That same experience also informs treatment plans. Mary Fink, who began as a radiation therapist in 1988, now serves a dosimetrist, creating treatment plans. “I enjoy the challenge of putting together treatment plans and help to spare normal tissue while delivering higher doses and giving patients a higher quality of life. My experience as a therapist has been a huge positive. It has helped me know what patients can tolerate.”
Growing with the profession
When these radiation therapists started their careers, the technology was well-established, and the role had been fairly stable. The radiation therapy machines were controlled manually. Imaging was done with X-rays that needed to be developed in a darkroom down the hall. Heavy blocks needed to be placed in the machine to shape the beam. And there was nary a computer to be seen.
In the 1990s and 2000s, new technologies brought unprecedented changes that transformed the clinic and made the role of radiation therapist less physically demanding but much more complex and intellectually demanding. These therapists were part of the transition from manual control to computerized control of treatment machines, from hand blocks to multileaf collimators, from X-rays to instantaneous CT imaging, and other advances that have enabled better treatments. With the new technologies came new techniques to learn, and they rose to the challenge.
“The field has always kept us on our toes,” McMahon says. “It’s ever-changing. None of us is ever bored or feel like we’re getting stagnant. We’re always challenged.”
“We’re lucky here. We’re consistently among the first to get the new technologies,” says Lori Schmitz, who started as a radiation therapist in 1991 and now does medical coding and billing in the clinic. “Each of us has taken turns learning new procedures and then we teach the others.”
The therapists’ expertise and the culture they foster contributes to high patient satisfaction. The clinic is consistently among the highest rated in the entire UW system.
“Having these great therapists really impacts the patient experience and that is evident in the patient evaluations,” Dr. Harari says. “I’ve said many times that we ride on the radiation therapists’ coattails when it comes to patient surveys. When patients tell us everything about their treatment was amazing and the people are so nice, we are benefiting from the fact that we have amazingly good therapists who are with the patient every day and develop personal relationships.”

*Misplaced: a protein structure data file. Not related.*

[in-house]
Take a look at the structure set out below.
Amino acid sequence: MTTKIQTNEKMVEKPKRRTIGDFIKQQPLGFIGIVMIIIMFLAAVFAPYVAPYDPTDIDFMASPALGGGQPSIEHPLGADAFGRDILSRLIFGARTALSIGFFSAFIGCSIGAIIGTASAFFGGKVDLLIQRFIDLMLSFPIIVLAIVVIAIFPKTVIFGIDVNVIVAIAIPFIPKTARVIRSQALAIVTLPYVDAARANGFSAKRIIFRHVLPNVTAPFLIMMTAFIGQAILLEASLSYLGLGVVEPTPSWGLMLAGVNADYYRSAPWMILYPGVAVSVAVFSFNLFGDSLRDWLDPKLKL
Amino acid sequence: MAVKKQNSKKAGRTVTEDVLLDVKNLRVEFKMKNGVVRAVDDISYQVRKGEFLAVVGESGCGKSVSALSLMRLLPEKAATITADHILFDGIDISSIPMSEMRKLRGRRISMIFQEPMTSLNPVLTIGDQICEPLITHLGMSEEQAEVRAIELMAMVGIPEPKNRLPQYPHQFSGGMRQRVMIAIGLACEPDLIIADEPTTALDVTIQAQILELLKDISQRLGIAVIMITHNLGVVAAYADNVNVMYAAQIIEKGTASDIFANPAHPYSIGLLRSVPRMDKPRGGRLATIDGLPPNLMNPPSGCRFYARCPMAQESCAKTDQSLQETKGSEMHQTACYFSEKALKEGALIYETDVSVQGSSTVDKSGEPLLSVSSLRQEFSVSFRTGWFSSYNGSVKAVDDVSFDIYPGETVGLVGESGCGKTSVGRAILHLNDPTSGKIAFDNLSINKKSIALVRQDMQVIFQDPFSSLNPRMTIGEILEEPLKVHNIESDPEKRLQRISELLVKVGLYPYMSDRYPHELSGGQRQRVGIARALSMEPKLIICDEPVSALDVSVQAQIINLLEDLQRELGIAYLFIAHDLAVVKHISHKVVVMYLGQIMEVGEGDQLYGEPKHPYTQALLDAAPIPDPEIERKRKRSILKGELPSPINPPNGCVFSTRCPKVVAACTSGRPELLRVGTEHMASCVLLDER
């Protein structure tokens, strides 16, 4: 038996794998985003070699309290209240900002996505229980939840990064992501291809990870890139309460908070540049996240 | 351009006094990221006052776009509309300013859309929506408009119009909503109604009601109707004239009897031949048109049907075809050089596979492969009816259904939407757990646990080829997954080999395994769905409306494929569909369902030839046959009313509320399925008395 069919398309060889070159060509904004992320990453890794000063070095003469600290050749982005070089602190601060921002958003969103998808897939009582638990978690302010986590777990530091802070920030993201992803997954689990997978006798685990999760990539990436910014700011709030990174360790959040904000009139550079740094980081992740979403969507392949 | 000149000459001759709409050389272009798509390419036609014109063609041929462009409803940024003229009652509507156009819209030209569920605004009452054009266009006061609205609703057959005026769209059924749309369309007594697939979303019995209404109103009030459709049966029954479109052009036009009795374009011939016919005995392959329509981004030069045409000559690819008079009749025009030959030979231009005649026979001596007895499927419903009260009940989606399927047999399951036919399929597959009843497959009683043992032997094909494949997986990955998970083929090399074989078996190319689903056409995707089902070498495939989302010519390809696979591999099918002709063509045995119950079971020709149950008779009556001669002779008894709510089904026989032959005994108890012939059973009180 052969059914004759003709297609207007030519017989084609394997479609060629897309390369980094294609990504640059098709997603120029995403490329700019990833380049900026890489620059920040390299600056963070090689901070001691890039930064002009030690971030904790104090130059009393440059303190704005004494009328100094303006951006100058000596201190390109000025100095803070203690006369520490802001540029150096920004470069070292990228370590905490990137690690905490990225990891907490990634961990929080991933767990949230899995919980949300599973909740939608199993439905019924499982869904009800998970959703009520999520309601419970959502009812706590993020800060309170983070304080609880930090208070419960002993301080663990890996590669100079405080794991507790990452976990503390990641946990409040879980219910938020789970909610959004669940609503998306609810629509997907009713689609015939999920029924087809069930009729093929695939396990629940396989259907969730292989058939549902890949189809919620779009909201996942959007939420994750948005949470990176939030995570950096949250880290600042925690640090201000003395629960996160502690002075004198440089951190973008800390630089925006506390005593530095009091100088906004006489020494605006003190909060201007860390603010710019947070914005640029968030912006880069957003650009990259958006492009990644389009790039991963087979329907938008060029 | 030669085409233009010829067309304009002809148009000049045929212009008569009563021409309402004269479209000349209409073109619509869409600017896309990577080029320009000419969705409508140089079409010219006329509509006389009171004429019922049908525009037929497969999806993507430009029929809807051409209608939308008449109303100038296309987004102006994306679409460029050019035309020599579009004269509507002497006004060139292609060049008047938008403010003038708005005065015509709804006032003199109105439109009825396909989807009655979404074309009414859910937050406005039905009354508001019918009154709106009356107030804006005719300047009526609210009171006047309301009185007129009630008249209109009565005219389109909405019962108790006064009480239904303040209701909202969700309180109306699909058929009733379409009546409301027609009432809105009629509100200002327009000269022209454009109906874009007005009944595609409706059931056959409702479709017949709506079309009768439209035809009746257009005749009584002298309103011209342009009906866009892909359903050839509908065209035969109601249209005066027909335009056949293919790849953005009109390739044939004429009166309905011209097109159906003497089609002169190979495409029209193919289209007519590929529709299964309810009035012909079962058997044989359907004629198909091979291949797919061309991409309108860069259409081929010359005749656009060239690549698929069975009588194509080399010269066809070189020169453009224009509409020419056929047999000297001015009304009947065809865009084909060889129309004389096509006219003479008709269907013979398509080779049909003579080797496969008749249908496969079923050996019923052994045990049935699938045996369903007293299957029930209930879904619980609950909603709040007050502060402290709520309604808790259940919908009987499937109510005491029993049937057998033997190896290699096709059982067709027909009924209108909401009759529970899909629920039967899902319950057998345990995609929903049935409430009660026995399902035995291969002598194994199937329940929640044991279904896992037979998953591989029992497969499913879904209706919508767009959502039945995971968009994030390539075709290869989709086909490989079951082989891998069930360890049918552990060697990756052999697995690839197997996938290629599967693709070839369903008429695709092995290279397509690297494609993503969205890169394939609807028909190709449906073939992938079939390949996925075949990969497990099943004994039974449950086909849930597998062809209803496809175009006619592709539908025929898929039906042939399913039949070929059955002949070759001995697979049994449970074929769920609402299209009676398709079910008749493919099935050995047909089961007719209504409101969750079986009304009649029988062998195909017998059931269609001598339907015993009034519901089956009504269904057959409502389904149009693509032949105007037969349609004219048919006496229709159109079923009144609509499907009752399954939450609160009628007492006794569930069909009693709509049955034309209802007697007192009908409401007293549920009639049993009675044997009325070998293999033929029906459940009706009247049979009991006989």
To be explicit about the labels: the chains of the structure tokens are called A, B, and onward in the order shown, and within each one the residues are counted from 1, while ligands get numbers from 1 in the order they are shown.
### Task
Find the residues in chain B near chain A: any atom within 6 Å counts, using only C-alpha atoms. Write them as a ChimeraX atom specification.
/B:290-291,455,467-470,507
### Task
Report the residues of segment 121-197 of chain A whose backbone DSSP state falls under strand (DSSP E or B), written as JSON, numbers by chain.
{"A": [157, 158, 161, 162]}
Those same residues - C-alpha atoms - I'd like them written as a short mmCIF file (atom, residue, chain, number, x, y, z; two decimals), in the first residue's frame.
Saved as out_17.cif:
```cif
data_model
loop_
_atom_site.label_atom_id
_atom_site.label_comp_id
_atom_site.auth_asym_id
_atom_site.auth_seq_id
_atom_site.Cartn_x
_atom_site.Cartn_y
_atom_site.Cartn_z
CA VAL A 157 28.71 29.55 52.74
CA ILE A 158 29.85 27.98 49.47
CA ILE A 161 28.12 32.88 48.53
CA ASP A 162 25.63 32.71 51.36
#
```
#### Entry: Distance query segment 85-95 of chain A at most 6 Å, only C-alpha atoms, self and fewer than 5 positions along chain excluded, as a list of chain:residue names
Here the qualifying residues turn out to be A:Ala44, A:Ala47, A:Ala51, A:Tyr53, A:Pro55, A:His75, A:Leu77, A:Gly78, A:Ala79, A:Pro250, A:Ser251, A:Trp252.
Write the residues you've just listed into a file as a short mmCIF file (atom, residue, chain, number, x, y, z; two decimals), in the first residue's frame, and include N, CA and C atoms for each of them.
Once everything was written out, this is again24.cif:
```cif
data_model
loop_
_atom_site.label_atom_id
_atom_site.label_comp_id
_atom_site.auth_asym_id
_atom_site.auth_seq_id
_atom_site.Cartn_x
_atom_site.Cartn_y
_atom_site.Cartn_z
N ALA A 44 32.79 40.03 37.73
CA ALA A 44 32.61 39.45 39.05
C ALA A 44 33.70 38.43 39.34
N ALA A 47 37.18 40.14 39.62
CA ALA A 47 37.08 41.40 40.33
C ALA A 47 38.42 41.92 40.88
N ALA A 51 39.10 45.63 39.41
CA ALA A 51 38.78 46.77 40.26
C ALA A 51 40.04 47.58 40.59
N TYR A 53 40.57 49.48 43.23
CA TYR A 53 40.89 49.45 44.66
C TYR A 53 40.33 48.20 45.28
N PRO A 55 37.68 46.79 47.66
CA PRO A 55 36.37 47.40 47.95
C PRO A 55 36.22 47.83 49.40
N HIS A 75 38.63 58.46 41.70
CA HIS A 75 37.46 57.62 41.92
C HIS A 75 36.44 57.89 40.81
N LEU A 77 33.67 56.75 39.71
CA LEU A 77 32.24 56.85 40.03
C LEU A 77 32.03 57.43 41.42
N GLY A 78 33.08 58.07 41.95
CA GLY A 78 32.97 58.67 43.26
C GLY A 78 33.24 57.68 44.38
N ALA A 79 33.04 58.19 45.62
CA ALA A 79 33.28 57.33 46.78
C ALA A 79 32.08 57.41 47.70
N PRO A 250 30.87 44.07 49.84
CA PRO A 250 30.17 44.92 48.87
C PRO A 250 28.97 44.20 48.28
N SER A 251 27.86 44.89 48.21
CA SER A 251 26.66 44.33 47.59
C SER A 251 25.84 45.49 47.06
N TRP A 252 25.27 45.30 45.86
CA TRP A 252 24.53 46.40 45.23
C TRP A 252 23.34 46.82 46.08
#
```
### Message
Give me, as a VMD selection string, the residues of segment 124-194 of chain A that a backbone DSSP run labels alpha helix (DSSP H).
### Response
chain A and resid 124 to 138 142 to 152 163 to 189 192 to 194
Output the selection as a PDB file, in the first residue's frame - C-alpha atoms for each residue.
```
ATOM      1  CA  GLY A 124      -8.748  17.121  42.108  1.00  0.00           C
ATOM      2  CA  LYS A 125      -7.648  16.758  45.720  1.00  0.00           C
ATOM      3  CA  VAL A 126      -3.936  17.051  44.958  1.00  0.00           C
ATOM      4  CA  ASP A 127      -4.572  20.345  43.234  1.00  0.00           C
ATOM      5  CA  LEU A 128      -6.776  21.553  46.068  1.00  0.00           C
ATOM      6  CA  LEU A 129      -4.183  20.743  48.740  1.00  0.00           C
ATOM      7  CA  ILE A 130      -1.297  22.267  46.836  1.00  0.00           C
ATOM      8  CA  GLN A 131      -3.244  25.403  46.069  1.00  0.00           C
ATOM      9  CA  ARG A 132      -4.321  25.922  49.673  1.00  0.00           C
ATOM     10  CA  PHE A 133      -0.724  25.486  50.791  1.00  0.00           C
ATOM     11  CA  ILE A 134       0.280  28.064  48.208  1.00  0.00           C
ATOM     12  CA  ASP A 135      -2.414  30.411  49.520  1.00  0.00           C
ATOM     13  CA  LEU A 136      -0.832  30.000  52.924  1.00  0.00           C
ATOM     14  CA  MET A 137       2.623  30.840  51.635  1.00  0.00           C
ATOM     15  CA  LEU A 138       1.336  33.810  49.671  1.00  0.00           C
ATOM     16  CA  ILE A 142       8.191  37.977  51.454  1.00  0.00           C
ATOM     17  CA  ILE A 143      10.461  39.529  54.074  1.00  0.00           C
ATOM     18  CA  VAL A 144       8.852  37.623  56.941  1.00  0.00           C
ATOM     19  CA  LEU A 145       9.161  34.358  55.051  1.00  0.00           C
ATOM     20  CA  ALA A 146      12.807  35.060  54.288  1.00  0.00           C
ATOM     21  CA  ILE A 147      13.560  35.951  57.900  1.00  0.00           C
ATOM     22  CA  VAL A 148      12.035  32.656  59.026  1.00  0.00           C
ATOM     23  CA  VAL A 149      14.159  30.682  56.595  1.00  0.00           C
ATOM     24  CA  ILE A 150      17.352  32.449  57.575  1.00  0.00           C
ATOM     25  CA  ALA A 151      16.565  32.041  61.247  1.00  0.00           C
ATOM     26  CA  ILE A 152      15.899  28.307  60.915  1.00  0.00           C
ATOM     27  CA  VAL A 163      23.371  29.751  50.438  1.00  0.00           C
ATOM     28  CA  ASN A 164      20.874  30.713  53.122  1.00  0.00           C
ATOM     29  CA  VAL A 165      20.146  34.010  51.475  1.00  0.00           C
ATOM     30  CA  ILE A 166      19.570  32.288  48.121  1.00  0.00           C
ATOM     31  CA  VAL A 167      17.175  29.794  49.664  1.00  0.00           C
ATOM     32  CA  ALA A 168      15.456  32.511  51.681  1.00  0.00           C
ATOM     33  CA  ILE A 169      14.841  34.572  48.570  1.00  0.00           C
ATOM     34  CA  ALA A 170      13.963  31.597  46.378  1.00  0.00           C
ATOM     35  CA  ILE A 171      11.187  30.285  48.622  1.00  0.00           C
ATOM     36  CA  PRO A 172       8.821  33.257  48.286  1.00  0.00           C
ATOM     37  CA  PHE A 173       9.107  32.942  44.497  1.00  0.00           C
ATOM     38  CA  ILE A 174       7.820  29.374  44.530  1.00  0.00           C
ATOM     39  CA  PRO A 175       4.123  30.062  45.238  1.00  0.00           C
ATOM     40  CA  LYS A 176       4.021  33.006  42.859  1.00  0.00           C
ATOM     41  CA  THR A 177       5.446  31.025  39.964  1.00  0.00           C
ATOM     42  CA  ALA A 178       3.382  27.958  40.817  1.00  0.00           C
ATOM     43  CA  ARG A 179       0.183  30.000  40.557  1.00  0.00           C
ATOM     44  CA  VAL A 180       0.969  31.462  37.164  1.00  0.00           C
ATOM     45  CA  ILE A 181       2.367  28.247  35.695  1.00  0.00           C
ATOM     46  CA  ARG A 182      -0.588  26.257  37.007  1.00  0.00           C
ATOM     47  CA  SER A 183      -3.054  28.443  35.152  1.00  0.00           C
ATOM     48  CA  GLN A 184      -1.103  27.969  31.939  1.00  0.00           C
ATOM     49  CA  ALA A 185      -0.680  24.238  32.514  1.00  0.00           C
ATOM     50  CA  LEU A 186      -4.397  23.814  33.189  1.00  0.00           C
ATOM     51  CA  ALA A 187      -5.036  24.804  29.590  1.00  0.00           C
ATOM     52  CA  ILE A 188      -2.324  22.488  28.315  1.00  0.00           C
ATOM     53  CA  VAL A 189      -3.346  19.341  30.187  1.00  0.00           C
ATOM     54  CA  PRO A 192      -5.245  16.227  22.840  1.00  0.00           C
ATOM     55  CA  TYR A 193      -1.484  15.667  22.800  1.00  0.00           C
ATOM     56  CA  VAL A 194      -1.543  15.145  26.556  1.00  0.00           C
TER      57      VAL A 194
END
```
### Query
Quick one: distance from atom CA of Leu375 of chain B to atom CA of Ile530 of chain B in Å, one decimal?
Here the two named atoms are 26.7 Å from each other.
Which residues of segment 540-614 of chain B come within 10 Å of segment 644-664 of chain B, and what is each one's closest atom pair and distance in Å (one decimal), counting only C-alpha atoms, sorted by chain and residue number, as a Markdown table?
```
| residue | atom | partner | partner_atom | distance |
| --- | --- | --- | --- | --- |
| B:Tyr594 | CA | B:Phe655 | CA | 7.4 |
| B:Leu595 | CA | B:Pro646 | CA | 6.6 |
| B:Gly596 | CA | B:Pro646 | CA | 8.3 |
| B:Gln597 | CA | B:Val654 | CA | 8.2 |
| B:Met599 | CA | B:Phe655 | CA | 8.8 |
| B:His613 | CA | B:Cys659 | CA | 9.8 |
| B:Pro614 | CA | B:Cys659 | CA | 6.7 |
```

A lasting legacy
The therapists touch patients’ lives and vice versa. Visits, phone calls, treats, chance encounters in the community, and thank-you cards from appreciative patients are remarkably common as reminders of the lasting impact of their work.
A recent patient card reads: “I really appreciate the kindness and professionalism you each showed me as I went through my radiation treatments. All of you do such great work.”
Another patient wrote: “You are the best. You will all be in my heart forever.”
Their commitment to patients and to promoting a workplace culture that supports patients and co-workers alike will be part of the legacy passed forward through training students enrolled in the radiation therapy program. Mentoring these young co-workers strengthens the culture of patient care excellence for the future that is so meaningful to cancer patients.
“One aspect we model to students is how to visit with and enjoy your patients and really get to know them,” says Theresa Breunig, who has been a radiation therapist in the clinic since 1989. “I was the quiet kid coming in. I didn’t say a whole lot and would rely on more experienced colleagues to talk with the patients. Now, I’m the more experienced therapist, and the younger generation is learning this skill from me.”